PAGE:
Changes to the Student Evaluation of Instruction (SEI) forms were voted on and approved at a faculty meeting on April 15, including one that would put SEIs online through my.newpaltz.edu.
“Online proposals have been in use for summer courses,” said Assistant Professor of Communication and Media Jerry Persaud. “It’s not something foreign. It’s been used in some courses, including my courses. It is also used intermittently by business faculty.”
The two proposals voted on included improving the new survey instrument, which passed 36 to nine. The second included an action approving SEIs going online, which passed 38 to 12. Both changes will go into effect for fall 2011.
Some students responded favorably to the SEIs going online.
“I am all for the SEIs being in an online format,” said student Sen. Megan Grieco. “It will save the school money, it’s more environmentally friendly by not printing that much paper, it saves time we’ve wasted in class and it’s really easy to fill out online. You’re not sitting there waiting for you’re No. 2 pencil and trying to fill out the bubbles all perfectly.”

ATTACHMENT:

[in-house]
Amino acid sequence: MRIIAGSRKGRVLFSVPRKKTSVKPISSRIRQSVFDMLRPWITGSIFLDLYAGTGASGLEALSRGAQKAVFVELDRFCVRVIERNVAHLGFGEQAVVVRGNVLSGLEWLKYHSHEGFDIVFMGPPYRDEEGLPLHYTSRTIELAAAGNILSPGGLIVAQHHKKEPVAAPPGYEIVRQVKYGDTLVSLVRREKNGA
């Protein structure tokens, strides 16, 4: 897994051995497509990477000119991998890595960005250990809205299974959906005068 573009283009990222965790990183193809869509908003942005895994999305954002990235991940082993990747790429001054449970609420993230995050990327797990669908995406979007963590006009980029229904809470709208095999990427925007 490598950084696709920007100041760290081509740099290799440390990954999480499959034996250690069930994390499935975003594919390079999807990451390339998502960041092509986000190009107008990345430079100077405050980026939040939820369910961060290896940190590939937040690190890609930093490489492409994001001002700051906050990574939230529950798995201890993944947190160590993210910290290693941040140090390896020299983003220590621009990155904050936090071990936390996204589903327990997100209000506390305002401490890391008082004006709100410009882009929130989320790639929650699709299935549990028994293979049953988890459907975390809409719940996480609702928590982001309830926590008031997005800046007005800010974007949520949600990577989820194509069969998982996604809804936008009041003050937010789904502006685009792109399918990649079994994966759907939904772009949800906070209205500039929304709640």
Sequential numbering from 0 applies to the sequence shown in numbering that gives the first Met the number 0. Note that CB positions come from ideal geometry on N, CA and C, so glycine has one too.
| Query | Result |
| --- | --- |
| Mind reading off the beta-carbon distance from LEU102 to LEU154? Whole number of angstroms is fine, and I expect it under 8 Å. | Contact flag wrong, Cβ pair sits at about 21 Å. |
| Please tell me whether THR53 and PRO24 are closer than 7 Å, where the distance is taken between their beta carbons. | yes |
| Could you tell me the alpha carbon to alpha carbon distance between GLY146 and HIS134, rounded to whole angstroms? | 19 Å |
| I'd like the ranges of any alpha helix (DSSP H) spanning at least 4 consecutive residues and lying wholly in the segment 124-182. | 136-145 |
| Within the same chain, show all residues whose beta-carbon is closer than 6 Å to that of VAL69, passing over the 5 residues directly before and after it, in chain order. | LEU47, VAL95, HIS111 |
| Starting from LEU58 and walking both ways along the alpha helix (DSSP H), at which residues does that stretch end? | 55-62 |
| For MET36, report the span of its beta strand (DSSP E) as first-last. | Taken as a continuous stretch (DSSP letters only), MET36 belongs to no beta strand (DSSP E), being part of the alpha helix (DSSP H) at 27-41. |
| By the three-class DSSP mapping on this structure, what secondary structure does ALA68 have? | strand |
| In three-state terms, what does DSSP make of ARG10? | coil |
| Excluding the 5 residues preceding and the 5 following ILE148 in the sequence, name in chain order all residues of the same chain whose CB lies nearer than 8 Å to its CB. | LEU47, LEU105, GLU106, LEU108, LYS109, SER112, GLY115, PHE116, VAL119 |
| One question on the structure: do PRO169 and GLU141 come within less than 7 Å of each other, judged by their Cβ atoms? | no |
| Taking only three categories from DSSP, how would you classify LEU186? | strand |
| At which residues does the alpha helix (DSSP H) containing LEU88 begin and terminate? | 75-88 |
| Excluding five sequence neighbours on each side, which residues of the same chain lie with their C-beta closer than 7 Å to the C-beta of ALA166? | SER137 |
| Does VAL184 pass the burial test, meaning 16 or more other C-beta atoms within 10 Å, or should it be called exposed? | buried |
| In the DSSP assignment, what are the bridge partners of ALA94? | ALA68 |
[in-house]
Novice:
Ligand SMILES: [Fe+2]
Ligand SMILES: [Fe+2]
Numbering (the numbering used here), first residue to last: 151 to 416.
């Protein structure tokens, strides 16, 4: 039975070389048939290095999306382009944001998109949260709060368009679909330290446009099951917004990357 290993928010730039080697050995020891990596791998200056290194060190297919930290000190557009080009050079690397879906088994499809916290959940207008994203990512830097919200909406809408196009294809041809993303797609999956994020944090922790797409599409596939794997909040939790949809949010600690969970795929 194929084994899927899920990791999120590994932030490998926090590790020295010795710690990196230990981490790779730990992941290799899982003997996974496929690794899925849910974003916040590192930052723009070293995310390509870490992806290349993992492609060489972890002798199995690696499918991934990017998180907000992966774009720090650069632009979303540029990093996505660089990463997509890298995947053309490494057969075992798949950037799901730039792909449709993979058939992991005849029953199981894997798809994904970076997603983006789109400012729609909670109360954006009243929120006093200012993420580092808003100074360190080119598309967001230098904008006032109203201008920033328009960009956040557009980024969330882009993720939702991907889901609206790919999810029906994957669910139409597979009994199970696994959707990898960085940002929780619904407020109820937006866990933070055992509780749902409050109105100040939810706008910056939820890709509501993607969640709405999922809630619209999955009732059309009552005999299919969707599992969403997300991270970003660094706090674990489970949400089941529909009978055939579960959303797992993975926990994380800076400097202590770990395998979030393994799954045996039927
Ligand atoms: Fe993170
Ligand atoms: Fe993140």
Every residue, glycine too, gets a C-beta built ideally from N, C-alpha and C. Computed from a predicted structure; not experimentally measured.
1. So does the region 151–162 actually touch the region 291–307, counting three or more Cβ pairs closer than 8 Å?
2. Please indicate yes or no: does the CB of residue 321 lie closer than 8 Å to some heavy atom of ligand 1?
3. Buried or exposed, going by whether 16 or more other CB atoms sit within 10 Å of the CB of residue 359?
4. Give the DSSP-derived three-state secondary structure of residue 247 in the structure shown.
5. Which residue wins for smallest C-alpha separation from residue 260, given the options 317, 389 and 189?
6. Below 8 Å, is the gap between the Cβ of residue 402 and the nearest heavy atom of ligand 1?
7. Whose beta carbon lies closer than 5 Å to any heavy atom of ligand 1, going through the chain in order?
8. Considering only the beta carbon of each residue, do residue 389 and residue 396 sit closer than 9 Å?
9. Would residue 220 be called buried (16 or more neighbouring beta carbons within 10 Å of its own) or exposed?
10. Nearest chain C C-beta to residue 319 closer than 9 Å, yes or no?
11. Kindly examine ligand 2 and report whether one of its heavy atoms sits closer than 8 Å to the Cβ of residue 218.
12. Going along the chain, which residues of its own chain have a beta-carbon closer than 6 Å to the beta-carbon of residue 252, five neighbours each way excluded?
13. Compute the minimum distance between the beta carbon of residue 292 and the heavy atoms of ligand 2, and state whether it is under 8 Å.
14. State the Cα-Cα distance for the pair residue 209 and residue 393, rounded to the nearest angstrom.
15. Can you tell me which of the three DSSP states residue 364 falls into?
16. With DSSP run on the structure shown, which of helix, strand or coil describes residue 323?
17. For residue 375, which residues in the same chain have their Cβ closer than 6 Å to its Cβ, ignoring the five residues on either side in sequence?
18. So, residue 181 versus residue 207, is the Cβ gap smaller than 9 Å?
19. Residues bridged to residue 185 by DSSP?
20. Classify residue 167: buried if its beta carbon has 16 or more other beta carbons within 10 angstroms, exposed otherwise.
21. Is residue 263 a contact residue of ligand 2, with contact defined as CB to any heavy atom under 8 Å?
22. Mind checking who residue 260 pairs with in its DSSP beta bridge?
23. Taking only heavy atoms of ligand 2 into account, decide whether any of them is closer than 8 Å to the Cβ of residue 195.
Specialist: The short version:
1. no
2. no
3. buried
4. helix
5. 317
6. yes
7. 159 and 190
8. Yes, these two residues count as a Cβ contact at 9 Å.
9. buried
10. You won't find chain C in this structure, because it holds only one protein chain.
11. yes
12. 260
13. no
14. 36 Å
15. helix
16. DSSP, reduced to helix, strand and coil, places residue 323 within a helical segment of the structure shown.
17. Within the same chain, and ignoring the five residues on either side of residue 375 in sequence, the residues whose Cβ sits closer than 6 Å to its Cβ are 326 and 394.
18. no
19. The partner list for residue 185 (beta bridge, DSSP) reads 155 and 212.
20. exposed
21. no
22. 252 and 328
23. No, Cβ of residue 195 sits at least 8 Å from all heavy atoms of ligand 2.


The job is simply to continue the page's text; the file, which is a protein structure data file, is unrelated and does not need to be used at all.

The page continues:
Persaud also mentioned that moving to an SEI online format is due in part to a cost saving measure. At a senate meeting on April 5, student Sen. Ayanna Thomas, said that by moving the SEIs it could save New Paltz $30,000.
According to Persaud, the summer school sessions, other departments at New Paltz and other SUNYs are using the online SEI format already. He also said it’s “the age we live in” with the banner system pushing everything online, but he wanted to make it clear that the committee responded to the change, but that it’s not where it originated.
Persaud also said that although the business school already “intermittenly” utilizes online SEIs, they are in no way saying that this is how things should be done. Professors still have the option, if they so choose, to implement this format.
There will also be “some kind of mechanism” put into place that will tell students to fill out their SEIs before they can access their grades, according to Persaud. This will be time sensitive up to 48 hours, and in that time no one can “hijack” a student’s grades. The idea, said Persaud, is to “protect” students against professor’s seeing the SEIs before students get their grades. That system will remain in place.
The idea to improve and incorporate the SEIs online first came to faculty in a memo by Presiding Officer of Faculty Governance and Professor of Economics Simin Mozayeni. This memo advised faculty to look closer at this issue.